Pieter Hugo: 1994 | Yossi Milo Gallery, New York, NY | January 26 through March 11
South African artist Pieter Hugo has long explored the people and landscapes of various African countries, especially as they relate to environmental degradation and human rights issues. For this series, which centers on the year 1994—the year marking the end of Apartheid in South Africa and the year the Rwandan genocide took place during which the Hutu government killed 500,000 to one million people of the Tutsi tribe—Hugo takes a look at the hope of the new generation in its portraits of children.
Paradise Road | The Southern, Charleston, SC | January 27 through February 26
Looking at the meaning of the word, paradise, specifically in regard to its meaning for Americans, photographer Eliot Dudik went in search of every Paradise Road in the country and photographed what he found when he arrived at “paradise,” as a new way to, “take the temperature of the country.” The resulting images are as diverse geographically and culturally as the nation itself. To-date the artist has photographed over 90 of the 196 Paradise Roads currently in the country. Also on display concurrently in the gallery is Paradise Out-Front, an exhibit curated by Dudik in which he asked participating artists to interpret what paradise means to them. The exhibit includes images by Aline Smithson, Matt Eich, Mark Dorf and Ben Alper, among others.
Avedon in Texas: Selections from In the American West | Amon Carter Museum of American Art, Fort Worth, TX | February 25 through July 2
Richard Avedon, renowned New York fashion and portrait photographer, was commissioned by the Amon Carter Museum in 1978 to create a body of work depicting the American West. Originally exhibited in 1985, the portraits that resulted from the project show an unglamorous and rough side of the boom-and-bust economy that at the time was controversial. Oil rig workers, rattlesnake skinners and truckers pose in front of Avedon’s signature white paper backdrop, creating an alternate vision of the west through people who, as the artist described, might “scare you to death until you acknowledge it as a part of yourself.”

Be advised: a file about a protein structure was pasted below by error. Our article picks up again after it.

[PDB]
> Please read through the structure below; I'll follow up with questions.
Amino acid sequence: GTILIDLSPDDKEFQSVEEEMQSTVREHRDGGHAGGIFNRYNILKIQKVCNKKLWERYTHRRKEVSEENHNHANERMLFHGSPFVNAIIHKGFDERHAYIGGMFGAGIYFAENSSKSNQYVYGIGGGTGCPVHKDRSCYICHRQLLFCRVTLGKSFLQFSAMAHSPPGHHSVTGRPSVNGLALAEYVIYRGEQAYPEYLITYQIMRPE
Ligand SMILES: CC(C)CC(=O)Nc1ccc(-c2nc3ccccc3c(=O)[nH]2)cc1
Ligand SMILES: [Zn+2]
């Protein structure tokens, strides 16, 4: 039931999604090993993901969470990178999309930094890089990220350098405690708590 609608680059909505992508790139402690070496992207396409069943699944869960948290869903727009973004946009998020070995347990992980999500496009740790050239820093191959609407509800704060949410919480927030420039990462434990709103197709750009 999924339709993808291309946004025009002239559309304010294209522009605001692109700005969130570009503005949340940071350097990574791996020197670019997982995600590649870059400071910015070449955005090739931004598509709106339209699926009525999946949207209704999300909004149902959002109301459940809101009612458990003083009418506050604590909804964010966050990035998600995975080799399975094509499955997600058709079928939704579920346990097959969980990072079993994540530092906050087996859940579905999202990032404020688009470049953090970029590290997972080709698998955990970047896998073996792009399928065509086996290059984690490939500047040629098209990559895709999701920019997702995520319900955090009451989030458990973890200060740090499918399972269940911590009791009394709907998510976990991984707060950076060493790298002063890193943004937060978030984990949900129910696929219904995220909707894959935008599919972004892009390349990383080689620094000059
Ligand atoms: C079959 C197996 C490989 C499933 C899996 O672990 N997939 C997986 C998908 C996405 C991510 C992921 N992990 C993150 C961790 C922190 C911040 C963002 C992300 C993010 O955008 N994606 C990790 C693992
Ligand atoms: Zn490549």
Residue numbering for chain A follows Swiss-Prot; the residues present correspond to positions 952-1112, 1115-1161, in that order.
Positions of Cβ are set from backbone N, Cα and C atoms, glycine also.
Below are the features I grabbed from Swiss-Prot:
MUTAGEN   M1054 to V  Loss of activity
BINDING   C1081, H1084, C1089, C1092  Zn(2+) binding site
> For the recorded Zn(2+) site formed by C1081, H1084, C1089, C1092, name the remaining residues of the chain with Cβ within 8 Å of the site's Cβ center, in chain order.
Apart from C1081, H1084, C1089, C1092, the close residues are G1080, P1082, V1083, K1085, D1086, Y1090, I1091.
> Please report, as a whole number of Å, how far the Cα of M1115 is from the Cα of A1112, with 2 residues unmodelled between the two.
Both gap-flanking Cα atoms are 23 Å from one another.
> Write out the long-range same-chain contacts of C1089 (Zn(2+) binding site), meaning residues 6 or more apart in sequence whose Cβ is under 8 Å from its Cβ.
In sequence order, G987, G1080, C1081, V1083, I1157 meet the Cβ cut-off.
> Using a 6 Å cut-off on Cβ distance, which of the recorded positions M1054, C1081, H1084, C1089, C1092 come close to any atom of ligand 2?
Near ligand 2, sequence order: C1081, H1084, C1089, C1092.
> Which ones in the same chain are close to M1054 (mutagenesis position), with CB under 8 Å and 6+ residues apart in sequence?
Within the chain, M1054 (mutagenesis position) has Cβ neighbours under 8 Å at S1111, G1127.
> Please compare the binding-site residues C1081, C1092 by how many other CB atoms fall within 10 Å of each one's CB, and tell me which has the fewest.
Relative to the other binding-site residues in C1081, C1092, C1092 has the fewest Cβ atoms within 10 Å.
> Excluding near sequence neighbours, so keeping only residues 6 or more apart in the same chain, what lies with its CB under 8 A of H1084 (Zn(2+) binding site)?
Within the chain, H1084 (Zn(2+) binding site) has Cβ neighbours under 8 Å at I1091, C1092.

Sohei Nishino: Bricolage | Bryce Wolkowitz Gallery, New York, NY | Through March 4
Japanese artist Sohei Nishino, whose work is concurrently on display in a solo show at SFMOMA, makes what he calls “diorama maps” of cities around the world. He constructs the large-scale images after spending a couple months living in the city and photographing it in 35mm film, from the ground and atop buildings. He then prints out contact sheets and collages images from those sheets to make a new map of the city. Using major landmarks as anchors, the cities on display in this exhibition—including Havana, Rio de Janeiro, Jerusalem, San Francisco, Berlin, Amsterdam, Tokyo, Shanghai, Istanbul and New Delhi—are an urban tapestry where perspective is warped into a kind of Cubist display. From far away, the black-and-white images (excluding the colorful faces of people celebrating Holi in New Delhi) look like relief maps. Whereas on their own the people, birds, cars, trains and buildings he documents are all typical photos we’ve seen, woven together they behave like a single organism—like a city.
“I Am King of the World”: Photographs of Muhammad Ali by George Kalinsky | New-York Historical Society Museum and Library, New York, NY | Through March 26
George Kalinsky once remarked that Muhammad Ali always thought of himself as an entertainer, a salesman and a fighter. Kalinsky, who has been the official photographer of Madison Square Garden since 1966, also saw a side of Ali that the boxer referred to in his memoir as “the soul of a butterfly.” That sentiment is on display in these rich images of Ali in his natural element—fighting in the ring, but also being interviewed by reporters, horsing around the ring with children, and generally showing the warmer side of the legendary fighter whom Kalinsky concurrently describes as “the greatest peacemaker ever.”